“Lives are changed here and no one who ever walks in, walks out the same,” Rosen says. “They begin to see hope. When you drive by that’s not what you see.”
“We have an environment that encourages improvement and forward movement,” Sledge said. “If you’re comfortable with the status quo and comfortable with being on the street, you will not be comfortable within our doors very long. The environment here is designed to move people forward so that those who can get off the street have the resources available to do so.
“It’s all done in the context of our Christian environment, it is the environment to go forward with the confidence of knowing you are a child of God, which is where our self-worth comes from.”
Shelter with resources
Kathi Parkins, executive director of Family Promise of Blount County, is involved the ongoing development of a 10-year plan to address the issue of homelessness in Blount County. She said that discussions led to the consensus that just building a plain homeless shelter would not meet local needs.
“Research shows that a housing-first model is the most successful,” Parkins said. “Housing-first means you put people in housing, and then you wrap services around them. Putting people in a shelter is a Band-Aid unless you can offer some pretty intensive case management services, which includes mental health, childcare, transportation, all sort of other things.”
KARM has gone far beyond the stereotypical warehouse approach for dealing with the homeless population. It provides immediate emergency shelter for families but then works with other agencies to find additional resources or housing.
The first stop once a person seeking aid enters KARM is its Crossroads Welcome Center, which serves the homeless during the day. It is a place where someone can find a restroom, use computers, make phone calls, or stow belongings. It’s also a place where they can receive an ID, which will be their passport to accessing other important services in the city.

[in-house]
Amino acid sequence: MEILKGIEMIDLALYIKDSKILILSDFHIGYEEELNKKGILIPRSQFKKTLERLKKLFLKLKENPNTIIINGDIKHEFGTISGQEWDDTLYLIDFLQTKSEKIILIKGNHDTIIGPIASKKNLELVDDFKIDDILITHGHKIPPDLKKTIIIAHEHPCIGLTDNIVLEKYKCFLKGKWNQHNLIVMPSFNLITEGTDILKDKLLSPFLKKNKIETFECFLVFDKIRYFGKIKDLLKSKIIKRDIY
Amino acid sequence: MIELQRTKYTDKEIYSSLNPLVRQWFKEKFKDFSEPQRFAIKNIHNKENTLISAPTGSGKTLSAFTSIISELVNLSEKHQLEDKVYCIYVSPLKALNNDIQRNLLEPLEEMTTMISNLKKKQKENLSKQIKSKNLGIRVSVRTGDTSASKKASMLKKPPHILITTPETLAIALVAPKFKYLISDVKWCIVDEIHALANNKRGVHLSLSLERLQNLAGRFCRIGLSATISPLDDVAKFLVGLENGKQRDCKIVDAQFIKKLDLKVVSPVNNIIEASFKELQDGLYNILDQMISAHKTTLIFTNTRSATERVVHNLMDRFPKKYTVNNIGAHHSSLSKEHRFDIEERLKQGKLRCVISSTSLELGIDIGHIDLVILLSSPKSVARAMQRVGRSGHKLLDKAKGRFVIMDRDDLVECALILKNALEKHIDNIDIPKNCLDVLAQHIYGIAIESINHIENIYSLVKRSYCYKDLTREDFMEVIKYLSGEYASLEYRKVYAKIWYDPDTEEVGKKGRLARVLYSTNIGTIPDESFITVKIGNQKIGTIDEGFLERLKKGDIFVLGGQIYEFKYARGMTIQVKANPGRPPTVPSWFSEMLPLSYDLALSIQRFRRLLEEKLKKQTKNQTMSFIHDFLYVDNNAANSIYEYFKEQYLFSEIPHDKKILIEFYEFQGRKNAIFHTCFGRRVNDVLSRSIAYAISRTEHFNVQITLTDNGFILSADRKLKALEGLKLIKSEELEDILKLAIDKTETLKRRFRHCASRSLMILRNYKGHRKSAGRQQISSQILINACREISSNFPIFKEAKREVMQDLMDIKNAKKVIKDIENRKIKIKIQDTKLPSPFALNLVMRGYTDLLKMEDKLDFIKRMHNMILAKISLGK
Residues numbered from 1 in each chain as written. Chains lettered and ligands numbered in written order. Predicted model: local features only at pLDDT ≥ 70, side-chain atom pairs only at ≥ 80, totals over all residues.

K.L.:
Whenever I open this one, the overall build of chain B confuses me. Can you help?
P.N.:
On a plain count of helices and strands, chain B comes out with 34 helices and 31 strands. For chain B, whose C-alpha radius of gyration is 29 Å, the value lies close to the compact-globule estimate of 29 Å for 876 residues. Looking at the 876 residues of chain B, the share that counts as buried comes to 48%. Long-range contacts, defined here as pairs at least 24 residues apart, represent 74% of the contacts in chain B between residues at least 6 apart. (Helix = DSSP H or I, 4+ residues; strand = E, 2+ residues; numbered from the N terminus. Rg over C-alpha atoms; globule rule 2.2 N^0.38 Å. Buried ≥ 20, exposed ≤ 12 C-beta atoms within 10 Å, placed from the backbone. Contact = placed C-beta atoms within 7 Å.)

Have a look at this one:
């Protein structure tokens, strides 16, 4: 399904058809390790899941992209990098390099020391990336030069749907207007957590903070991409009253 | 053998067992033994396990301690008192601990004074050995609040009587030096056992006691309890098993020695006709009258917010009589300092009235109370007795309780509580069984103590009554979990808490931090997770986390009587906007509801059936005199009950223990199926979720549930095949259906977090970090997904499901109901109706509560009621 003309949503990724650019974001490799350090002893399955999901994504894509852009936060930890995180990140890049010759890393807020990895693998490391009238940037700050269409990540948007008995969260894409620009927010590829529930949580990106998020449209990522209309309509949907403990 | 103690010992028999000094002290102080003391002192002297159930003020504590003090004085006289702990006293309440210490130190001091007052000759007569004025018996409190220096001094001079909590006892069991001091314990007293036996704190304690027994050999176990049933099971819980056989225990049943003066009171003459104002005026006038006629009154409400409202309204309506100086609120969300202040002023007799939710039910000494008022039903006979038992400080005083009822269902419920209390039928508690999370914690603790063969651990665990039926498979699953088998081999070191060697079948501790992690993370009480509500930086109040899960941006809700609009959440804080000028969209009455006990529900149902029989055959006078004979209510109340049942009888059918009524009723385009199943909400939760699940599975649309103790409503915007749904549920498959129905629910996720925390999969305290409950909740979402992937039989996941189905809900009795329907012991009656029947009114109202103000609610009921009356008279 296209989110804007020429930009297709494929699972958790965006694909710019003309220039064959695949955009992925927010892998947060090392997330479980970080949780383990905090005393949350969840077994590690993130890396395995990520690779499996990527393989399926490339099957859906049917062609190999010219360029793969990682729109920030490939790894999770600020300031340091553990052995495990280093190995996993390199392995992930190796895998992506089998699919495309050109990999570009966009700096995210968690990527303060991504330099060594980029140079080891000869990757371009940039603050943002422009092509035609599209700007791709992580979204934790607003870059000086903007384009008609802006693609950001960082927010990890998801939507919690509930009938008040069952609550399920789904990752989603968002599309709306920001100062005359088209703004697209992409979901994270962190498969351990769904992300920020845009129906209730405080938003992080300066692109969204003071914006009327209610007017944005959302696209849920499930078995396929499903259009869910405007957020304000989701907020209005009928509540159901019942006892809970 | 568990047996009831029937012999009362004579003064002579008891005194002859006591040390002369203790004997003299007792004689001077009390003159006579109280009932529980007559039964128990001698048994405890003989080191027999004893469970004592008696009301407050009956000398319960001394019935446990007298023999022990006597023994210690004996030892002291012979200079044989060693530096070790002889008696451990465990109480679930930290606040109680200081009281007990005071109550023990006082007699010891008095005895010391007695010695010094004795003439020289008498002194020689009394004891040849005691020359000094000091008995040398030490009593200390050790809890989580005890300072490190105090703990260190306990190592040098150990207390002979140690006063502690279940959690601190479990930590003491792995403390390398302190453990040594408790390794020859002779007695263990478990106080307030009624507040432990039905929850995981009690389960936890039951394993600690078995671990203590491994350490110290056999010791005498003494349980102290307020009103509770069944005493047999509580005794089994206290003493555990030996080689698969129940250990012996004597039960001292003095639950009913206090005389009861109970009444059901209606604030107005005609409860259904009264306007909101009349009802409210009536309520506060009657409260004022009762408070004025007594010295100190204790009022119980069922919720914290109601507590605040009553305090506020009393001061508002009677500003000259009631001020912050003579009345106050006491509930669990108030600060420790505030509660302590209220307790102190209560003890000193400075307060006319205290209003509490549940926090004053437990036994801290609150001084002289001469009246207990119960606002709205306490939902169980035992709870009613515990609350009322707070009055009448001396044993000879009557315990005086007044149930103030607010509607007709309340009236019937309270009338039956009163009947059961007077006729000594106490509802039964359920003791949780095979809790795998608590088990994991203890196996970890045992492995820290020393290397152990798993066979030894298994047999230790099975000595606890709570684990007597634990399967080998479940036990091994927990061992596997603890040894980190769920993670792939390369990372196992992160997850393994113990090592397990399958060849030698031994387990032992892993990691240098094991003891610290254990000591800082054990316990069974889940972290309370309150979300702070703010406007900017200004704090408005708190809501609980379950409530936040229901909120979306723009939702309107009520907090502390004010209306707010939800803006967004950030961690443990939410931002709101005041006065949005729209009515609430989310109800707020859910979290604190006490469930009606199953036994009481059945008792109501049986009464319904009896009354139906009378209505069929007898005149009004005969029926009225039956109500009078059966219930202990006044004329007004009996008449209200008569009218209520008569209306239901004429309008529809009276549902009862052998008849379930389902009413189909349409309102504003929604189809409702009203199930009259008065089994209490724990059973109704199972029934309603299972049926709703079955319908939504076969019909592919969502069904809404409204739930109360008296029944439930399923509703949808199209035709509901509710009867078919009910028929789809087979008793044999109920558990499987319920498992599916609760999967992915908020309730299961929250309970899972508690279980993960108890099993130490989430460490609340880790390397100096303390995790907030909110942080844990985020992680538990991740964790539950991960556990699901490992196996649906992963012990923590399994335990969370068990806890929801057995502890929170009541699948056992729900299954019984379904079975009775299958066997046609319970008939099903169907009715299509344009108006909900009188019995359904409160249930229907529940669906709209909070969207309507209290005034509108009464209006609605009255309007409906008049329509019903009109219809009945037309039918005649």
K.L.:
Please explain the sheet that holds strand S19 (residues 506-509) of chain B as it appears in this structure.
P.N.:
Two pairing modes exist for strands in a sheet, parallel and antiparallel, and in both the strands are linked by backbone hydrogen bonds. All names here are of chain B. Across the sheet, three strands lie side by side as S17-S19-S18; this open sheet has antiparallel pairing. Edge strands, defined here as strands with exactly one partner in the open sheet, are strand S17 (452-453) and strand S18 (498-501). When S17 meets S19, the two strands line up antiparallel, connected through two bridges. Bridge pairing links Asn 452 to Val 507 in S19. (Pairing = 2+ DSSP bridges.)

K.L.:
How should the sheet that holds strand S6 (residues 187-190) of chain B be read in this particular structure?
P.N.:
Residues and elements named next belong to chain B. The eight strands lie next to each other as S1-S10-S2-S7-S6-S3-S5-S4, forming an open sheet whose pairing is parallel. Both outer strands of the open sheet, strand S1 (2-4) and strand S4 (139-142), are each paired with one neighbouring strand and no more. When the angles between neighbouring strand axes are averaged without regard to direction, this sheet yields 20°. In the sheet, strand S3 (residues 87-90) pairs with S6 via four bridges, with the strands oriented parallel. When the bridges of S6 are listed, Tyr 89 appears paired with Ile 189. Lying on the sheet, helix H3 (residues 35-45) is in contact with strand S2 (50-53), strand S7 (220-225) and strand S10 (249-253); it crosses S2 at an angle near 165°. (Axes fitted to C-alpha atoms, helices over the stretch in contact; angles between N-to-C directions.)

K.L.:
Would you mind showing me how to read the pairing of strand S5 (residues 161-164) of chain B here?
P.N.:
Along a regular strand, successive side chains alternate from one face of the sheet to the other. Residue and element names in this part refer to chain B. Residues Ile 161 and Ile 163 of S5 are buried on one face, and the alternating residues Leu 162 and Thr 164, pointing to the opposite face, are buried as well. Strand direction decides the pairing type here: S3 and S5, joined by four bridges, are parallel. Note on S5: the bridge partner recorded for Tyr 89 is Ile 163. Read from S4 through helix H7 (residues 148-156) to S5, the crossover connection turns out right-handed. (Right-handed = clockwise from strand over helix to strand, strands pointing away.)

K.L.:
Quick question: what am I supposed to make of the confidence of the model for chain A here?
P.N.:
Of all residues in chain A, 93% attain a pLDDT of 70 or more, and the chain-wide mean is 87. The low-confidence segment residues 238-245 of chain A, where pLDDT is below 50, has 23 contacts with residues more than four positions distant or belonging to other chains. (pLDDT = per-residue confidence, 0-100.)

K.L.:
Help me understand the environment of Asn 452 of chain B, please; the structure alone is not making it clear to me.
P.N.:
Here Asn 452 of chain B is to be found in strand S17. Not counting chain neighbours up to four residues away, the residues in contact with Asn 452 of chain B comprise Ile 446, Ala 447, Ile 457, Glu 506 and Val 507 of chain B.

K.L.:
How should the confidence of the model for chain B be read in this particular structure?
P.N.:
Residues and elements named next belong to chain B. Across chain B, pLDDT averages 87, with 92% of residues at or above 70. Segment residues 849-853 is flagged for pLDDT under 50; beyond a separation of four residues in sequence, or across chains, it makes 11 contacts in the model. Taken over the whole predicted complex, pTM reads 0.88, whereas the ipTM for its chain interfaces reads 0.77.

“This is where it all begins,” Sledge said. “It is a way to fast-track you into services rather than having to walk all over the city.”
The ministry serves three meals a day, 365 days per year, to the poor and homeless. It houses about 400 people each night and provides almost 1,000 meals daily.
Volunteers work throughout the KARM facility, sweeping floors, doing laundry, cooking meals. They are the same people who use the ministry’s services.
“They have made the decision to get off that street,” Sledge said. “A lot of times they will come in to KARM and say, ‘Give me something to do, anything to keep me from going back out there.’”
Instead of just warehousing the homeless, KARM works to help them bridge the gap to self-sufficiency, Sledge said. “We are identifying the people who are capable of moving on,” she said.
LaunchPoint is a four-week program designed to help homeless men and women develop realistic goals to end their homelessness that can be implemented in manageable steps. “It’s about building a life plan,” Sledge said.